When I first met Salman Rushdie in early 1983, he had made a triumphant return to Bombay, as his hometown (and mine) was known then. We had driven down Marine Drive towards Warden Road, and pausing at Scandal Point, walking past Chimalkers and Reader’s Paradise, made our way to Westfield Estate, the inspiration for Saleem Sinai’s Methwold’s Estate in Midnight’s Children, his second novel, which had won the Booker Prize in 1981. The New York Times had gushed then, saying, “Midnight’s Children sounds like a continent finding its voice." And that generation of Indians felt he had told our story in our language. We had reclaimed the language and its literature, and it was fine to speak in the mishmash sing-song bhelpuri of Hugme (Hindi-Urdu-Gujarati-Marathi-English). He had captured the zeitgeist of being a cosmopolitan Indian.

We next met in 1987 when he was in India, making a film (The Riddle Of Midnight) about the cohort of Indians who were born in 1947—the real midnight’s children—and with my colleague and friend Dina Vakil I went to meet him at his hotel (President, at Cuffe Parade). He had a beard, and he told us of a new novel he was working on—about angels and devils, where the main character is going insane and thinks he is the archangel. “It is about angels and devils and how it is very difficult to establish ideas of morality in a world which has become so uncertain that it has become difficult to even agree on what is happening. When one can’t agree on a description of reality, it is very hard to agree on whether that reality is good or evil, right or wrong…. Angels and devils are becoming confused ideas. One of the things that happens in the process is that what is supposed to be angelic quite often has disastrous results, and what is supposed to be demonic is quite often something with which one must have sympathy. It is supposed to be a portrait of, in part, an attempt to come to grips with that sense of a rumbling moral fabric, or at least, a need for the reconstruction of old simplicities," he told us in the interview, published in the Indian Post, in 1987.

The Satanic Verses would come out a year later, and predictably, it was deeply misunderstood. As a consequence, the novel, which is one of the finest works on the hybridized identity that migration shapes, became a tool for fundamentalists to oppose and politicians to exploit. “Being God’s postman is no fun, yaar," says the baffled, confused character in the book.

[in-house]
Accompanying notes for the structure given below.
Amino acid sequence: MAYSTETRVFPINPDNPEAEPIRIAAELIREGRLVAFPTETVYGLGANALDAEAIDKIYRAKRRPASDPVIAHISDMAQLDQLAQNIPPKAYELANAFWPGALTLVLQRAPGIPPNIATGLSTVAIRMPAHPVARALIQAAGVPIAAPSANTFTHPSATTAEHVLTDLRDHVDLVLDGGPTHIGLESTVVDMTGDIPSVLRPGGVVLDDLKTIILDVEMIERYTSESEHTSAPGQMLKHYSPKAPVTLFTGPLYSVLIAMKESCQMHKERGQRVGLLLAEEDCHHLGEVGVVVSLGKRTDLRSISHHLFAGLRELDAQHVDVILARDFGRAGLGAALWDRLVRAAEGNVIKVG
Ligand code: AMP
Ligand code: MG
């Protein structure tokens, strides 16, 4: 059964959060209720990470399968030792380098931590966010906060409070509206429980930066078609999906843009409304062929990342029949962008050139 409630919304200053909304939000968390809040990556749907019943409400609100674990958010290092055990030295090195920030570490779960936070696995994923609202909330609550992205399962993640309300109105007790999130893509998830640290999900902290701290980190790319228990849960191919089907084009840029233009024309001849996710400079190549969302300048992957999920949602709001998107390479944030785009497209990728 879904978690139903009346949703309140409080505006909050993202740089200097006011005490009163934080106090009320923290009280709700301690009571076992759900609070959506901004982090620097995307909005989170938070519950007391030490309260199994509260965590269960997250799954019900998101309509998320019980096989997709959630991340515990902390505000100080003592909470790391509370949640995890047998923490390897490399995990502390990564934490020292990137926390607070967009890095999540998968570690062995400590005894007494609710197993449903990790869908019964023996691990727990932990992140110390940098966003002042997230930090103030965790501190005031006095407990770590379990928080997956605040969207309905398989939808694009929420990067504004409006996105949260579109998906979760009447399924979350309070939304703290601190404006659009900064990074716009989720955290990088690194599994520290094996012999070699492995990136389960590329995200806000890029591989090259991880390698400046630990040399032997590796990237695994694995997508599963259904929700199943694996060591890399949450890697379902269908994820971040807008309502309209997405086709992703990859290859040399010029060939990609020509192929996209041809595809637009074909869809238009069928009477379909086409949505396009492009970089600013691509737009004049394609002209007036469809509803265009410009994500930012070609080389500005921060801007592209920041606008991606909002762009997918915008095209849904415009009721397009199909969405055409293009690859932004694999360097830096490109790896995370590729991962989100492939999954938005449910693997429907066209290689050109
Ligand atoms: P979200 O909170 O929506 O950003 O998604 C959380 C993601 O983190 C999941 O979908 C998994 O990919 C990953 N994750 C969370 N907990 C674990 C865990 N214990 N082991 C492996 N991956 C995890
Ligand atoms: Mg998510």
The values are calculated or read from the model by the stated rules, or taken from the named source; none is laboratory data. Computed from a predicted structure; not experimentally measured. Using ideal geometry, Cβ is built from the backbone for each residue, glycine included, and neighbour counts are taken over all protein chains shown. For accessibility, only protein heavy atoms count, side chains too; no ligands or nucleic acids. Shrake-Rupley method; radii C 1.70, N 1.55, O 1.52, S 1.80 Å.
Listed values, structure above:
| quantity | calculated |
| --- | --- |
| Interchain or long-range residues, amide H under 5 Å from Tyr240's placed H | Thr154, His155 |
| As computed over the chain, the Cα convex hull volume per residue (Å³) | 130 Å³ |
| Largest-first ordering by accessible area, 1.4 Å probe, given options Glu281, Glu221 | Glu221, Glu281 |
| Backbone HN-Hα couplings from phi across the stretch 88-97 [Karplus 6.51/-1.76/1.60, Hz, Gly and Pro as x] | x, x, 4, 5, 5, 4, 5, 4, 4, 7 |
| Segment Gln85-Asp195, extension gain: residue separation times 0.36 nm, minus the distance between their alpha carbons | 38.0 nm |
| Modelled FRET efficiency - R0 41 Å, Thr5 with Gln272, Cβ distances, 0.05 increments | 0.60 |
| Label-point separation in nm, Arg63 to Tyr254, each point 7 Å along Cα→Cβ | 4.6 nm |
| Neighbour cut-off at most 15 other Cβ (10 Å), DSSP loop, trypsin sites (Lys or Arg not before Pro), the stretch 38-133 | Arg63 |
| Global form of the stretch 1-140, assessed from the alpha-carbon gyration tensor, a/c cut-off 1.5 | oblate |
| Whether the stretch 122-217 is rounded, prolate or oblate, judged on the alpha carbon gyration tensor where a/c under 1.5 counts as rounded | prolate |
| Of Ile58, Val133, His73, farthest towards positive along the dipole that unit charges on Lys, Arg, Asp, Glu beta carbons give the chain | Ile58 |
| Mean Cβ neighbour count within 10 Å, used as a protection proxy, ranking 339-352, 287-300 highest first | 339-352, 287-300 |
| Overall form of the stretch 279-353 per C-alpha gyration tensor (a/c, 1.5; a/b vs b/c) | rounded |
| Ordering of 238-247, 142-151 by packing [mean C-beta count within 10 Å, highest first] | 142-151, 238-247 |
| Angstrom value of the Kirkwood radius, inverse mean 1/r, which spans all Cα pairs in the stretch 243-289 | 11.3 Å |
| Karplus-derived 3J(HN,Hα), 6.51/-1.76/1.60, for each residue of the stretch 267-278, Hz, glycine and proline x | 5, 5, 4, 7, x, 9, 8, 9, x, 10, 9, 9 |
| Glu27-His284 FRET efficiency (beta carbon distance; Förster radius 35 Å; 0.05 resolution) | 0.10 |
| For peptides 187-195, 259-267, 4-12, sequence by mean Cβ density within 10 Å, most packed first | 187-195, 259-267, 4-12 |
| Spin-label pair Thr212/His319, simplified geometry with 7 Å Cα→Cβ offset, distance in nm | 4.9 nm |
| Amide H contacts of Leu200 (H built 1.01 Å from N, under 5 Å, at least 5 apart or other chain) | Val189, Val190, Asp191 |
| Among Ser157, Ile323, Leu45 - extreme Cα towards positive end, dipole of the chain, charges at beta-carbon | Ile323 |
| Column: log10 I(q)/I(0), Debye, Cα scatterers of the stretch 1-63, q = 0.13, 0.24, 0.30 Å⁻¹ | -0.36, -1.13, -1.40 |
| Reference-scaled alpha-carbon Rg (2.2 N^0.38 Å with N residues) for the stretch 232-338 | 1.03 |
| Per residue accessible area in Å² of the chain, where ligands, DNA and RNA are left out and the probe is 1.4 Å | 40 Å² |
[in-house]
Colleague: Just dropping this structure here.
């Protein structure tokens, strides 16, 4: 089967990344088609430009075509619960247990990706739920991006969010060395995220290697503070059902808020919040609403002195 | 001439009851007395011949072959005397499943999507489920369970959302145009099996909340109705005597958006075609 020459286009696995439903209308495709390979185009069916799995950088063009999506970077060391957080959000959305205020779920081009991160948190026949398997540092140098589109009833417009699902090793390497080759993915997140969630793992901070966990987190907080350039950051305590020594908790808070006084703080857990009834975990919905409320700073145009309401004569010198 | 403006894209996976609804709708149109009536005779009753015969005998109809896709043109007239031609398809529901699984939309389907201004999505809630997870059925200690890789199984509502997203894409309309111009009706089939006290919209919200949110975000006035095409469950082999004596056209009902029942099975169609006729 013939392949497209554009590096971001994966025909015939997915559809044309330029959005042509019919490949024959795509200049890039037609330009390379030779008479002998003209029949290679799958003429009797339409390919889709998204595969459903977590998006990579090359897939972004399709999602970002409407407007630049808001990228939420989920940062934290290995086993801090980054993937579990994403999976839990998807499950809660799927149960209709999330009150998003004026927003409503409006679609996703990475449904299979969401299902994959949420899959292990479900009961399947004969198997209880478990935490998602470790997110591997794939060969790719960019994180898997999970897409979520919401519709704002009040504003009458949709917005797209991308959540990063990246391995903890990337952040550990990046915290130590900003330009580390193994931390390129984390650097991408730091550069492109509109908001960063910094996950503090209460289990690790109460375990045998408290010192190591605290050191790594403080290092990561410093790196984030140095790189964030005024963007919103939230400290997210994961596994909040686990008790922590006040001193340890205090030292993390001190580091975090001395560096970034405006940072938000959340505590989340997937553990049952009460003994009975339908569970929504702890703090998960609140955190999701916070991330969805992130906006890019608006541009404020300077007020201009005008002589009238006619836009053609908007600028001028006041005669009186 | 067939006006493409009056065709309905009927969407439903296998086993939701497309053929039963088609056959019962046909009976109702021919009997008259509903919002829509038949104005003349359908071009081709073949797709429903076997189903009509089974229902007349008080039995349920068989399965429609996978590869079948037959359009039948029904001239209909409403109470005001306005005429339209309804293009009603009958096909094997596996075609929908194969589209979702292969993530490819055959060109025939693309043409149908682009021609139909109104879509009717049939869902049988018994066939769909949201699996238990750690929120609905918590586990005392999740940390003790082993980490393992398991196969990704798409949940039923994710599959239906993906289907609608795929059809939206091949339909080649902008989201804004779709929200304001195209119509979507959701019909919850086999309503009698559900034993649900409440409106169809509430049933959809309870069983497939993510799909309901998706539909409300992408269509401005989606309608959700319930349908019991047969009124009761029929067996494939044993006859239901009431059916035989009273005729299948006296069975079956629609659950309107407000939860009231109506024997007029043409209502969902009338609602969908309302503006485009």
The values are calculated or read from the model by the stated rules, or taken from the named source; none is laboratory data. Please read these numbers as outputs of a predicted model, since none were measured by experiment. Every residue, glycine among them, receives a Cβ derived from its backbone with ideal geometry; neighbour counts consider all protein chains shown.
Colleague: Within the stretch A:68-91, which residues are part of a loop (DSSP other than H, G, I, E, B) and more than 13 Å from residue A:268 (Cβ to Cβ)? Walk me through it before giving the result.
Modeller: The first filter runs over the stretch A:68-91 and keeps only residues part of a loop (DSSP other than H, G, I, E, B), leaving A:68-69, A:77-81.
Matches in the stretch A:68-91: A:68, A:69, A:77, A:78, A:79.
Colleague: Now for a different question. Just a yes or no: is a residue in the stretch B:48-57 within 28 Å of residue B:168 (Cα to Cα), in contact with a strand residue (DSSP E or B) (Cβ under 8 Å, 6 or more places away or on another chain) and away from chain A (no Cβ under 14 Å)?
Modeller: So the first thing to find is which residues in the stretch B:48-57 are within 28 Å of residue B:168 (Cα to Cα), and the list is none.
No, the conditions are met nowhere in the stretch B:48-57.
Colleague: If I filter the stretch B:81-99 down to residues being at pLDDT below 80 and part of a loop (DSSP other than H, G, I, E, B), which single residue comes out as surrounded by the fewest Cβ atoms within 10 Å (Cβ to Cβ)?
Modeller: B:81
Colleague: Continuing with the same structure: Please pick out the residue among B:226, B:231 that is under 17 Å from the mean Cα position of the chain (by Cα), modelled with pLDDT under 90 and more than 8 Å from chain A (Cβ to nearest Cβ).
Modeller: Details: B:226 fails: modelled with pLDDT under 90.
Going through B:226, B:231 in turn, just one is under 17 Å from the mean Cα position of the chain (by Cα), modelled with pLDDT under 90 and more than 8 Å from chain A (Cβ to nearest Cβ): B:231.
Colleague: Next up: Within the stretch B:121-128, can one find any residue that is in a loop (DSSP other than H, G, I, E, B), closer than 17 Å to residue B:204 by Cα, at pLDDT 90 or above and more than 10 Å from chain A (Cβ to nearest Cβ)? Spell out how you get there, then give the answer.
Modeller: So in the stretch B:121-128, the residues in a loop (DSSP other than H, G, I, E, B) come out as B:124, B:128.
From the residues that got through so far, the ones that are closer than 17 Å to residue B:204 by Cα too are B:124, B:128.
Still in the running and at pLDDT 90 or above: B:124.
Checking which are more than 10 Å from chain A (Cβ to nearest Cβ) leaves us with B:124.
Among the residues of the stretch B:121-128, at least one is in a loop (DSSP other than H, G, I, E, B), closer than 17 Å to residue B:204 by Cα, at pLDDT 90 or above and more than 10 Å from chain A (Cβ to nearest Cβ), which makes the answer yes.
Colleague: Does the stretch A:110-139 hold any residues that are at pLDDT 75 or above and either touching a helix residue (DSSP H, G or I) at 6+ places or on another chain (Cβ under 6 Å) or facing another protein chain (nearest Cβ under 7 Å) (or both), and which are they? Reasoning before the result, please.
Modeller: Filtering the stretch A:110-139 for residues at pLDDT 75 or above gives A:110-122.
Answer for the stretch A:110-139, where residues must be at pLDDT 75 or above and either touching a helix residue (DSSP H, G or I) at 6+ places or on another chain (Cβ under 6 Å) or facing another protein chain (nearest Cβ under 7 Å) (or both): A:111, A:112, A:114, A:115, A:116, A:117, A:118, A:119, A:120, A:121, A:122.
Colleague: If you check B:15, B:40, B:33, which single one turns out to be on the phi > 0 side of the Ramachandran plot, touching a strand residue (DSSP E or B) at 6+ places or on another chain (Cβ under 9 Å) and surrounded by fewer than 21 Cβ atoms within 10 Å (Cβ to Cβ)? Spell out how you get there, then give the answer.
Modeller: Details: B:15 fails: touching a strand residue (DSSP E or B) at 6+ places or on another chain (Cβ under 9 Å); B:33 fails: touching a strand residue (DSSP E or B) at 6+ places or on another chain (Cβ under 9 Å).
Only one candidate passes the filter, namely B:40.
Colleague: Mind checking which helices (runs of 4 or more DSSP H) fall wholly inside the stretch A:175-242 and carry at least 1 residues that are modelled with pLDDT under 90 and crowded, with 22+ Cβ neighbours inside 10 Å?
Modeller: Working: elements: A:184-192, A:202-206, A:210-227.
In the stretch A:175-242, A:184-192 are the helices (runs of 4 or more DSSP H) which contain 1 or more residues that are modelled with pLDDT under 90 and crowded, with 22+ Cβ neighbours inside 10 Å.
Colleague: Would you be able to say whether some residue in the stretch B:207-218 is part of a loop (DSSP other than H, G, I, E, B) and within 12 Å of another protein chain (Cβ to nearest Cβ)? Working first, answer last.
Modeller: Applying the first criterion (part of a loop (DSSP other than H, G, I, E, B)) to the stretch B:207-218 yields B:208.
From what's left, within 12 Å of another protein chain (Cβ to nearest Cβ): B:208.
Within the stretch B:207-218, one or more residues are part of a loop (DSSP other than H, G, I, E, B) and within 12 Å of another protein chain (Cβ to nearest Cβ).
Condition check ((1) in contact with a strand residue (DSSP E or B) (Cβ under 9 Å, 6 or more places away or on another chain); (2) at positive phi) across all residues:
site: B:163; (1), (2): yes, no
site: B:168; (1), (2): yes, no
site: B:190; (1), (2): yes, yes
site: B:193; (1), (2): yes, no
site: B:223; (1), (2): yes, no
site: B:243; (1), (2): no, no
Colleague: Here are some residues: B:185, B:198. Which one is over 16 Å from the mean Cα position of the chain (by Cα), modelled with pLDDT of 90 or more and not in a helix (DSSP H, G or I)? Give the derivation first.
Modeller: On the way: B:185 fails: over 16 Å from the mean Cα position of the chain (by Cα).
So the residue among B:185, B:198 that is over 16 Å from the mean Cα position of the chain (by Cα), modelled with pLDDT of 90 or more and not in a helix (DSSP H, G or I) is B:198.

The fatwa followed. India banned the import of the novel, and as a correspondent at India Today magazine, I wrote the unsigned editorial comment condemning what was, in effect, a ban. And then, the years in hiding, a story Rushdie writes honestly from the distance that time offers, in Joseph Anton (2012), his memoir. In the years in between, he would return often to the theme of the clash between the certainties of faith and the questions that doubt raises; indeed, between speech and silence, in Haroun And The Sea Of Stories (when the people of Gup and Chup are in never-ending combat), published in 1990. He then went deep into our past to show examples of inclusiveness, from Moorish Spain in The Moor’s Last Sigh (1995) to Akbar’s India in The Enchantress Of Florence (2008). And he defied fundamentalists, not only by continuing to write, but also by stepping out of the prison that the fatwa imposed, and increasingly living a normal life.

I next interviewed him for the Far Eastern Economic Review, where he told me that magic realism is writing from a different perspective. The Enchantress Of Florence had just come out, and some purists were annoyed by his portrayal of Akbar, as if the novelist’s job is to write history. He said: “By now we should know that literature is always at an angle to reality. Herzog is not Saul Bellow; Marcel is not Proust; Stephen Dedalus is not (James) Joyce; and (Jonathan) Swift did not meet little people." Back in 1983, Rushdie had told me that in fiction, a narrator need not be accurate; he could be unreliable and make things up.

A few years later, when he wrote the companion to Haroun, Luka And The Fire Of Light (2010), we met in London at his publisher’s office, where he spoke tenderly about the meaning of fatherhood, and how it should not surprise anyone if his fiction mirrors his outlook to life. In an interview I did for The Washington Post, he said: “A writer is a prisoner of his own imagination. My thoughts work in certain directions, because I am me. So it is natural that you will find in my books many of the same concerns that you find in everything else I have written. The art lies in how to make it fresh; how not to be rehearsing old arguments, and how to renew these concerns and themes, but in a different language."